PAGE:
Year: 2021 Source: Sleep. (2021). 44(1), zsaa128. SIEC No: 20210436

Study Objectives
Nocturnal wakefulness is a risk factor for suicide and suicidal ideation in clinical populations. However, these results have not been demonstrated in general community samples or compared to sleep duration or sleep quality. The present study explored how the timing of wakefulness was associated with suicidal ideation for weekdays and weekends.
Data were collected from 888 adults aged 22–60 as part of the Sleep and Healthy Activity, Diet, Environment, and Socialization study. Suicidal ideation was measured by the Patient Health Questionnaire-9, while timing of wakefulness was estimated from the Sleep Timing Questionnaire. Binomial logistic regressions estimated the association between nocturnal (11 pm–5 am) and morning (5 am–11 am) wakefulness and suicidal ideation.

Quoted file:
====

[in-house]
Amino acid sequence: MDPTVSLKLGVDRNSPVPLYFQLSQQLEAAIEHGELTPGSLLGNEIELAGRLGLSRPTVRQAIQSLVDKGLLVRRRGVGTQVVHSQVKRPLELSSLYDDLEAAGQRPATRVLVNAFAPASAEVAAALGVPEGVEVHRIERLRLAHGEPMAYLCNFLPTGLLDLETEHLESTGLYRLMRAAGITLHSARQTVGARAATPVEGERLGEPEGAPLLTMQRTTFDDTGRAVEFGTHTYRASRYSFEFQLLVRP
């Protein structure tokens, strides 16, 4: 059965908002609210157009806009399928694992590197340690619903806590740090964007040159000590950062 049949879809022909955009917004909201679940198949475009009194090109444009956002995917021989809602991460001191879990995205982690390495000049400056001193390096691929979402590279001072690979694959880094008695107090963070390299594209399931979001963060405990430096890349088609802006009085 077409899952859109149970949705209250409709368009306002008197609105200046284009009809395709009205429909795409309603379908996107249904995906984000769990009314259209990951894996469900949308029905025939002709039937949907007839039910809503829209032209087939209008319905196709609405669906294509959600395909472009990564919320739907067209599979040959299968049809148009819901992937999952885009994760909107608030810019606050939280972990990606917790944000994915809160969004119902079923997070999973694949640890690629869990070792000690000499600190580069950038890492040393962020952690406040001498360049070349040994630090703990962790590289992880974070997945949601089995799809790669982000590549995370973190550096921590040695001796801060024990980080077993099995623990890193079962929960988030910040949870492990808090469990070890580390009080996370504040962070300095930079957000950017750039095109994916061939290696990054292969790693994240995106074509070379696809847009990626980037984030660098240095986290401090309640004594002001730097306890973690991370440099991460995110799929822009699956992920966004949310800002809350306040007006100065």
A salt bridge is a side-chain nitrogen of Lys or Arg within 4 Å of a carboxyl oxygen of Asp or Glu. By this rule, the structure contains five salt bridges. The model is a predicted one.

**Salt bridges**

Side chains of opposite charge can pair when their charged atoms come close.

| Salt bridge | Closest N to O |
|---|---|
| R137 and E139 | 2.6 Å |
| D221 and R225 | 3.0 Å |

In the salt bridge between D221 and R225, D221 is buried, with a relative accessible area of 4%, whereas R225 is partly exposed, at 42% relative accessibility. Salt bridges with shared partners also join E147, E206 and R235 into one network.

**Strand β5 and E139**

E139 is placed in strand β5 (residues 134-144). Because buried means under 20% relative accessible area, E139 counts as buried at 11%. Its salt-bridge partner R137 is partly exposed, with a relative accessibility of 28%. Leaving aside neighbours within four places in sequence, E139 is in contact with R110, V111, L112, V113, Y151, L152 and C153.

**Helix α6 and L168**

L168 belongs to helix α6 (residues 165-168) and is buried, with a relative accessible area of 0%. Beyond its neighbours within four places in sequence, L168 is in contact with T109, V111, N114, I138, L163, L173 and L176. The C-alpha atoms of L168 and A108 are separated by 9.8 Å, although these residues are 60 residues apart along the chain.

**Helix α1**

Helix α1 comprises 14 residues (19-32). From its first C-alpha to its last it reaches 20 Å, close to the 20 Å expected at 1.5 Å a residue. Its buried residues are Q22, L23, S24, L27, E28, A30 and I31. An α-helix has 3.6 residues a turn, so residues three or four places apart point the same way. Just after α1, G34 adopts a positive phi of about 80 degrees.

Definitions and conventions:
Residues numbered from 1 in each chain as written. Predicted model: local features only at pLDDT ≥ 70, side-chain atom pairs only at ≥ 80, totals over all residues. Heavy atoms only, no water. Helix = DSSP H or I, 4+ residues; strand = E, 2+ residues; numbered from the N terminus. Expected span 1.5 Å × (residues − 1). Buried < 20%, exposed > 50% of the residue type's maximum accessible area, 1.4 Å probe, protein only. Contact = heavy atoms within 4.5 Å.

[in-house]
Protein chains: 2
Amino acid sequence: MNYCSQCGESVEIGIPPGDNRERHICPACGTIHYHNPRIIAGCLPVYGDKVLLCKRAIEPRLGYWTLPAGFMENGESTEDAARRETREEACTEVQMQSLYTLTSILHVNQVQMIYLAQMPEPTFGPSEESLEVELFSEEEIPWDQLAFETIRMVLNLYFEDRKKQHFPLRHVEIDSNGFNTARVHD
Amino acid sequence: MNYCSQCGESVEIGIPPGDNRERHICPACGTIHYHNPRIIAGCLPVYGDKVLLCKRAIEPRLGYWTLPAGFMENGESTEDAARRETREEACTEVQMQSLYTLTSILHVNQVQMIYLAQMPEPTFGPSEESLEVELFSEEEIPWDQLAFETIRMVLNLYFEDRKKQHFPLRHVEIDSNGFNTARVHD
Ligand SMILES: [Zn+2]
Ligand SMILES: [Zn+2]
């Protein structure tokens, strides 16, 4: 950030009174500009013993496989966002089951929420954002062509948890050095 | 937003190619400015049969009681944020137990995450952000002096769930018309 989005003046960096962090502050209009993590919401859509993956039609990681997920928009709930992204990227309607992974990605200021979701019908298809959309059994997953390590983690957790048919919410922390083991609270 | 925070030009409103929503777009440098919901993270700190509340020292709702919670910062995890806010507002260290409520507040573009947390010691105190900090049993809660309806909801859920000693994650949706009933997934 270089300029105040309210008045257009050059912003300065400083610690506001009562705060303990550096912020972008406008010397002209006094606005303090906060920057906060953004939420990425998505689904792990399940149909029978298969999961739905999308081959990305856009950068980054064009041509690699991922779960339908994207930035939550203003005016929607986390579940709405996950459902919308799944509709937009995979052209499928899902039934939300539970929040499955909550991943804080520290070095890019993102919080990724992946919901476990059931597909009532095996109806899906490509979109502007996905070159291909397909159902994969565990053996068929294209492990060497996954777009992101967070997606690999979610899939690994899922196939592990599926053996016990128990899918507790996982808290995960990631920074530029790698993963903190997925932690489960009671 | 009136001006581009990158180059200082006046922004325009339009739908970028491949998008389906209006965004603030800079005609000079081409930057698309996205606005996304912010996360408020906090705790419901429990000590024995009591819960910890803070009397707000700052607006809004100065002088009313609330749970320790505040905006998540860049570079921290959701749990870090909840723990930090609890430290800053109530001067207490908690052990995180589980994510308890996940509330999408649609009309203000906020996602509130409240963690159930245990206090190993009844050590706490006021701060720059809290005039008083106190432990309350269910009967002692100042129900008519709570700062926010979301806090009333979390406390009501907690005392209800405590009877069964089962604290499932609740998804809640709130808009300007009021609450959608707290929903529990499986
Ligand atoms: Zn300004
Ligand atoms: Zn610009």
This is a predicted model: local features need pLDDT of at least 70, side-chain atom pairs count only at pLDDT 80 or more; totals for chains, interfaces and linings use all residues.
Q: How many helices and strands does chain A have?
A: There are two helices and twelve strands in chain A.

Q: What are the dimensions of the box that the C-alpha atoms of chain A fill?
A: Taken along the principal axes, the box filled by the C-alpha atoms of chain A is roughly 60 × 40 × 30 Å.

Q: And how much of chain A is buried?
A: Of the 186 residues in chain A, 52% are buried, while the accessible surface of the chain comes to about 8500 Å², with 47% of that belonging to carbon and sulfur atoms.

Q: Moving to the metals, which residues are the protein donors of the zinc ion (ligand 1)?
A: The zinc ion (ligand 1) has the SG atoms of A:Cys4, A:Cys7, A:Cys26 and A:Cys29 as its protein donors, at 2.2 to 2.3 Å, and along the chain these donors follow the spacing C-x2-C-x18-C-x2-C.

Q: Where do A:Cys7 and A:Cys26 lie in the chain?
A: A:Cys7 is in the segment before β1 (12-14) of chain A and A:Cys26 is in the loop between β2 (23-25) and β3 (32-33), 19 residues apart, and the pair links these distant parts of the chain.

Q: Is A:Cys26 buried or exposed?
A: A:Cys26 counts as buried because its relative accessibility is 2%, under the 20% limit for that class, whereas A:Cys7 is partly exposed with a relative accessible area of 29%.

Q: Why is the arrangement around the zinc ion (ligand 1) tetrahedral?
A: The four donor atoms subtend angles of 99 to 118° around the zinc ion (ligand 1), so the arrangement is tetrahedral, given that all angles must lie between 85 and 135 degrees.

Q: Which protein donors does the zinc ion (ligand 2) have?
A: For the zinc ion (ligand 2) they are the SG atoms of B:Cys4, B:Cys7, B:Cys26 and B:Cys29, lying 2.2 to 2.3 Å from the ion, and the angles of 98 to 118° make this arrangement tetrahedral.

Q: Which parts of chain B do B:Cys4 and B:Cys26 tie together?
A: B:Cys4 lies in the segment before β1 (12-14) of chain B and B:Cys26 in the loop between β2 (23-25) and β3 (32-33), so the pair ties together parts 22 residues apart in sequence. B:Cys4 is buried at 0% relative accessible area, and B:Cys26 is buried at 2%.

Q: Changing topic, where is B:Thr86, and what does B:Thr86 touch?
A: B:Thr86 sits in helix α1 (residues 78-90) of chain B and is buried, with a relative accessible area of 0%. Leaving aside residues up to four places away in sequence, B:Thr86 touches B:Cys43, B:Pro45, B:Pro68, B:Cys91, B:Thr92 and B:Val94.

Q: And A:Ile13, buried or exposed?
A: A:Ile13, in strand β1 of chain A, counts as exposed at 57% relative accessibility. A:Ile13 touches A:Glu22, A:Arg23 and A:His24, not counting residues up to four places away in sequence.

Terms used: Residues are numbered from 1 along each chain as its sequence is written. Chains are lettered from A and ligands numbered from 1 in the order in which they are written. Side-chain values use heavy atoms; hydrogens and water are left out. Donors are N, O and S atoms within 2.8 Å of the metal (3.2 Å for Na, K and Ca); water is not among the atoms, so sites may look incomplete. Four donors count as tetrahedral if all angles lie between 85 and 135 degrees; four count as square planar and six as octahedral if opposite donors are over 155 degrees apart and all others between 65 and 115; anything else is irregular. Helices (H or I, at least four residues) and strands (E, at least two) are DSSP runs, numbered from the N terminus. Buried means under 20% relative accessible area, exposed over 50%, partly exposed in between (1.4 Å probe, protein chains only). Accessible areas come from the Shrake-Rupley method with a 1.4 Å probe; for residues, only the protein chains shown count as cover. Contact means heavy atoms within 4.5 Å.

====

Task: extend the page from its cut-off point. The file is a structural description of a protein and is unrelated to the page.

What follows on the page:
Nocturnal wakefulness was positively associated with suicidal ideation on weekdays (OR: 1.44 [1.28–1.64] per hour awake between 11:00 pm and 05:00 am, p < 0.0001) and weekends (OR: 1.22 [1.08–1.39], p = 0.0018). Morning wakefulness was negatively associated with suicidal ideation on weekdays (OR: 0.82 [0.72–0.92] per hour awake between 05:00 am and 11:00 am, p = 0.0008) and weekends (OR: 0.84 [0.75–0.94], p = 0.0035). These associations remained significant when adjusting for sociodemographic factors. Additionally, nocturnal wakefulness on weekdays was associated with suicidal ideation when accounting for insomnia, sleep duration, sleep quality, and chronotype (OR 1.25 [1.09–1.44] per hour awake, p = 0.002).
Wakefulness at night was consistently associated with suicidal ideation. Additionally, morning wakefulness was negatively associated with suicidal ideation in some models. Although these findings are drawn from a non-clinical sample, larger longitudinal studies in the general population are needed to confirm these results.